Archive for October, 2010

Please stop by and read this lovely post by a young woman from my ward. She recently started college and posted this essay from her college application. It is perhaps the loveliest and most endearing essay I’ve read about motherhood. (And all she says is true about her mother!)



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Lately, my inbox is full of ads from companies. My mailbox is full of bills. My blog is empy. And Facebook, while fun, offers nothing beyond short little blurbs, sometimes pithy, but not really meaty.

Do you remember a time when letters were the norm? I used to write dozens of people on a weekly basis. And when I got my first email account at BYU, my inbox was filled to the brim with emails from friends. And not just short blurbs, but lengthy detailed letters. When I moved to Sweden, I received regular emails from friends. I loved them and saved those letters.

I have been a terrible correspondent and most of my long letters have fallen by the wayside. My life is busy, as are the lives of my friends. We all have children, struggle with housework, cope with illnesses, ponder over the dinner question, and still try to think coherent thoughts. And unfortunately, I have lost the ability to converse on the phone. I can call my mom and sisters. But I freeze up in any other conversation. It is a silly phobia, but very real. So if you call me and I sound like a complete moron, chalk it up to my phobia!

So does anyone want to join me in some meaningful conversation? Are you feeling a bit starved? If so, want to be my pen pal, email pal or just blog pal?

I promise I’ll write back.

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So the buzz in the world of the blogs I frequent is about teaching kids to work. I’ve read more than one post lamenting the way parents are not teaching their children to master the basic skills of life. I admit I fall into that category. Teaching my kids to work is my biggest parenting weakness. I know that I want my kids to learn how to work. I believe it is important. But implementing that teaching into my life exhausts me on every level. My main parenting goal this year has been to work  on having my kids pitch in more with the housework. The kids are doing more, including washing dishes, folding laundry and cleaning. But we are still a long way from where I want to be.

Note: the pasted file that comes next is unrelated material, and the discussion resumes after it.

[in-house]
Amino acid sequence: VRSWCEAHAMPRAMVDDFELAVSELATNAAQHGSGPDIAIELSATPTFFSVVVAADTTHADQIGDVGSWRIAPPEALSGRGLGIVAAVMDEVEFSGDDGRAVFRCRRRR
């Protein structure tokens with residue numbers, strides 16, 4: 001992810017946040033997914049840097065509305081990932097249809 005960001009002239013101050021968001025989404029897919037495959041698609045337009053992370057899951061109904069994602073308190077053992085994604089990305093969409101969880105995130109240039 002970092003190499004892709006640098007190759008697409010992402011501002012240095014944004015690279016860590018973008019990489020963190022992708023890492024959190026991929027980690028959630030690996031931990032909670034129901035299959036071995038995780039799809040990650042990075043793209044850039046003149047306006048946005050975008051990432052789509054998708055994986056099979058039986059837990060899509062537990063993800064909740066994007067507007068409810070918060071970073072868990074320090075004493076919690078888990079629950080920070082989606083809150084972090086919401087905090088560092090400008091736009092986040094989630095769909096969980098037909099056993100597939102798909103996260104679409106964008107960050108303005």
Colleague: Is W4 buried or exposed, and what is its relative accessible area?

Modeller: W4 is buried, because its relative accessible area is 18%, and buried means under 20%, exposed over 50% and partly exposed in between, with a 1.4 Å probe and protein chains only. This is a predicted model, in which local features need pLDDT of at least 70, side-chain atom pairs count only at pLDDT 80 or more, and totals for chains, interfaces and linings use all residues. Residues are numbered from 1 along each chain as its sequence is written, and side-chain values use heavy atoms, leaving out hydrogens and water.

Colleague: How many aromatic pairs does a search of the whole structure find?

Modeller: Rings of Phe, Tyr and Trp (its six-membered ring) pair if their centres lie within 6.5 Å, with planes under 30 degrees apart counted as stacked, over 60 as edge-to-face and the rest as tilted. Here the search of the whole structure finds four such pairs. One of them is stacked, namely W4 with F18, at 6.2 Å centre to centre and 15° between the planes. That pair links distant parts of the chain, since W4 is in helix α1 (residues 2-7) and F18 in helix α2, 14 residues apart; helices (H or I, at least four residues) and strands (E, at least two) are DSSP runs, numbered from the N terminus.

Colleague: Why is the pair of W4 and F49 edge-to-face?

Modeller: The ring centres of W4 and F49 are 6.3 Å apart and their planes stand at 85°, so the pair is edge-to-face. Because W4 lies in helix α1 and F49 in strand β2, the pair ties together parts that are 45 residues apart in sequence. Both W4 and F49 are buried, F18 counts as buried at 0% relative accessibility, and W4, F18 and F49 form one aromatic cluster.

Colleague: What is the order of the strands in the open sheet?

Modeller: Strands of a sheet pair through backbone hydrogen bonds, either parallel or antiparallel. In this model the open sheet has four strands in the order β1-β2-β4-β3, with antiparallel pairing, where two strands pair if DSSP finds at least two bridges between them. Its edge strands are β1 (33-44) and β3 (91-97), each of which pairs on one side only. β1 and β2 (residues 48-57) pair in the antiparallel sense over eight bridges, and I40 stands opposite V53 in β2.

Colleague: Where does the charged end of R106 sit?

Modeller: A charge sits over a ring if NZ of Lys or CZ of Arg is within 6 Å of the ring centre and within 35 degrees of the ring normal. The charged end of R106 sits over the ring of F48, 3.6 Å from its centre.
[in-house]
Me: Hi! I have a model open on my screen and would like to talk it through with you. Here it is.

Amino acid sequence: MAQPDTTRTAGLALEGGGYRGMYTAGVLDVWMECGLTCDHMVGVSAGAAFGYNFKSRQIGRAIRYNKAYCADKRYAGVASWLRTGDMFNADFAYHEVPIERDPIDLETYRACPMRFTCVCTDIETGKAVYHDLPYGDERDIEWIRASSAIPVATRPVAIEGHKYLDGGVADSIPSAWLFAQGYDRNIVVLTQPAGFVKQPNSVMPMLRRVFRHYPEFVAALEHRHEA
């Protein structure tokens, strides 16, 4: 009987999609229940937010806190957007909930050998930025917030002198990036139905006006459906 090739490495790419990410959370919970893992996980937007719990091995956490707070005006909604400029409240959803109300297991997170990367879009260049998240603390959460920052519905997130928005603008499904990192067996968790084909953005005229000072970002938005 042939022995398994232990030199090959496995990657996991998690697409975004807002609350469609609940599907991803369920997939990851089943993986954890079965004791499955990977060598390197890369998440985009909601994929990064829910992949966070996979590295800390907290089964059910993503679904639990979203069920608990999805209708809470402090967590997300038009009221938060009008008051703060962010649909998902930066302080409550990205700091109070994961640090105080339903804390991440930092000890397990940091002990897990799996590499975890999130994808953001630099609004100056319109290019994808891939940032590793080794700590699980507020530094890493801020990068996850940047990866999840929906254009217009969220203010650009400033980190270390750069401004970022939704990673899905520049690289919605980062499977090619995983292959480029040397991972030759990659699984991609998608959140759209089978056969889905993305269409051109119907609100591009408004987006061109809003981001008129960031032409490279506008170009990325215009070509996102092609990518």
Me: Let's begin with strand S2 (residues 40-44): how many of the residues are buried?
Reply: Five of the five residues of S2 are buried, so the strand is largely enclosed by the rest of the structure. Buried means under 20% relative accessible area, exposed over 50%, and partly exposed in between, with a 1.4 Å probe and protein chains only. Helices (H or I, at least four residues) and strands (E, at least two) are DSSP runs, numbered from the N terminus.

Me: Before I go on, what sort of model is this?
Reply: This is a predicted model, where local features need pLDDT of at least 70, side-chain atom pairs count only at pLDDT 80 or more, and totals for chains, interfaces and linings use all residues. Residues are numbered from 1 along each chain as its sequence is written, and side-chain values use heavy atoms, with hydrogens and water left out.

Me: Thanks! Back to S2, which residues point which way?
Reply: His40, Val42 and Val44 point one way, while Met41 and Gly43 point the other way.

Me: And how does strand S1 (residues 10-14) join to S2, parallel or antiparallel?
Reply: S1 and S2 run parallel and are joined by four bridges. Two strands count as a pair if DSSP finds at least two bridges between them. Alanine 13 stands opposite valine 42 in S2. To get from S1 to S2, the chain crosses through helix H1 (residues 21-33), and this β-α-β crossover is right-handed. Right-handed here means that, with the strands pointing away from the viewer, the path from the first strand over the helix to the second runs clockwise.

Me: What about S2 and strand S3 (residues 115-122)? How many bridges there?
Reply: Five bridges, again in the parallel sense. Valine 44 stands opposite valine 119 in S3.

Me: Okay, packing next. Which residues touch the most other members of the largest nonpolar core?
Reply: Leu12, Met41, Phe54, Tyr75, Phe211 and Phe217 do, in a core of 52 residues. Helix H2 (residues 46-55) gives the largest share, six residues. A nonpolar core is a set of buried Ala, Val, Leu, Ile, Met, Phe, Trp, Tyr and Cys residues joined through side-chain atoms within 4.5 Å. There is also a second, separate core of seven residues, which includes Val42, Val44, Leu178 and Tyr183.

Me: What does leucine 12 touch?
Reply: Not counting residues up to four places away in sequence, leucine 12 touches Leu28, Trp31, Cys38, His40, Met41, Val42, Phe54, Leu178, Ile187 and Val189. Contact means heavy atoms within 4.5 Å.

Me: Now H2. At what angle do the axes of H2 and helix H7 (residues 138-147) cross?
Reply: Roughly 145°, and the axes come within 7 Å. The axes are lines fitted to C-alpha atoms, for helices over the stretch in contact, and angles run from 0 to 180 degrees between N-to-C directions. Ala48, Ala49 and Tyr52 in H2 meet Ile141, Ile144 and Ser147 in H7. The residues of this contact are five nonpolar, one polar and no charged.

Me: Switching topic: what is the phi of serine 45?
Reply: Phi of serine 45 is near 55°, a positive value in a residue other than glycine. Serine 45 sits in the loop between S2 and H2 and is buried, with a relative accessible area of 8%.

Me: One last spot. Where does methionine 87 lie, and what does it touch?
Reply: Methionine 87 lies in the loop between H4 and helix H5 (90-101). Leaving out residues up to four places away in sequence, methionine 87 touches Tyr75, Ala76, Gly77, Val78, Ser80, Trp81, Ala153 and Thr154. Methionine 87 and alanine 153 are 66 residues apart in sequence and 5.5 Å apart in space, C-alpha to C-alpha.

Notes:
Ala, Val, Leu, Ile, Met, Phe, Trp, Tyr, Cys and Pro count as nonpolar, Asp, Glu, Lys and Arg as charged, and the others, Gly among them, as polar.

I struggle with incorporating those moments into daily life. My kids leave home at 8 a.m. They usually help me with the dishes before they go. They get home from school at 3:45. I have a strict routine to help them with homework. Homework really does fill a lot of our time. From 3:45-5:00 they do homework and play games. From 5-6 we eat dinner. At 6 p.m., we read scriptures and they get ready for bed. My kids go to bed at 7 p.m. I feel like there is very little time to incorporate cleaning into the schedule on a daily basis. I work on Saturdays and so my husband takes over the main parenting responsibilities. He doesn’t want to do a big cleaning that day. Which I respect and understand.

But that leaves me with the question of when to do this. . .

So I am asking you, my friends, how you teach your kids how to work. What kinds of work you are teaching them? When do you teach them? Do you do things one on one or do teach in group lessons? What things do you expect your kids to  do at home? Why do you value teaching your kids to work? I want to hear how you reward or punish them in regards to work? How do you check up on it? (If you say charts, I will cry because I am not a chart person. Charts fill me with great dread and render me incapable of completing anything. . . )

So, if you have ideas, a philosophy and even a method, would you be interested in a writing a guest post for me? Leave a comment if you are interested!

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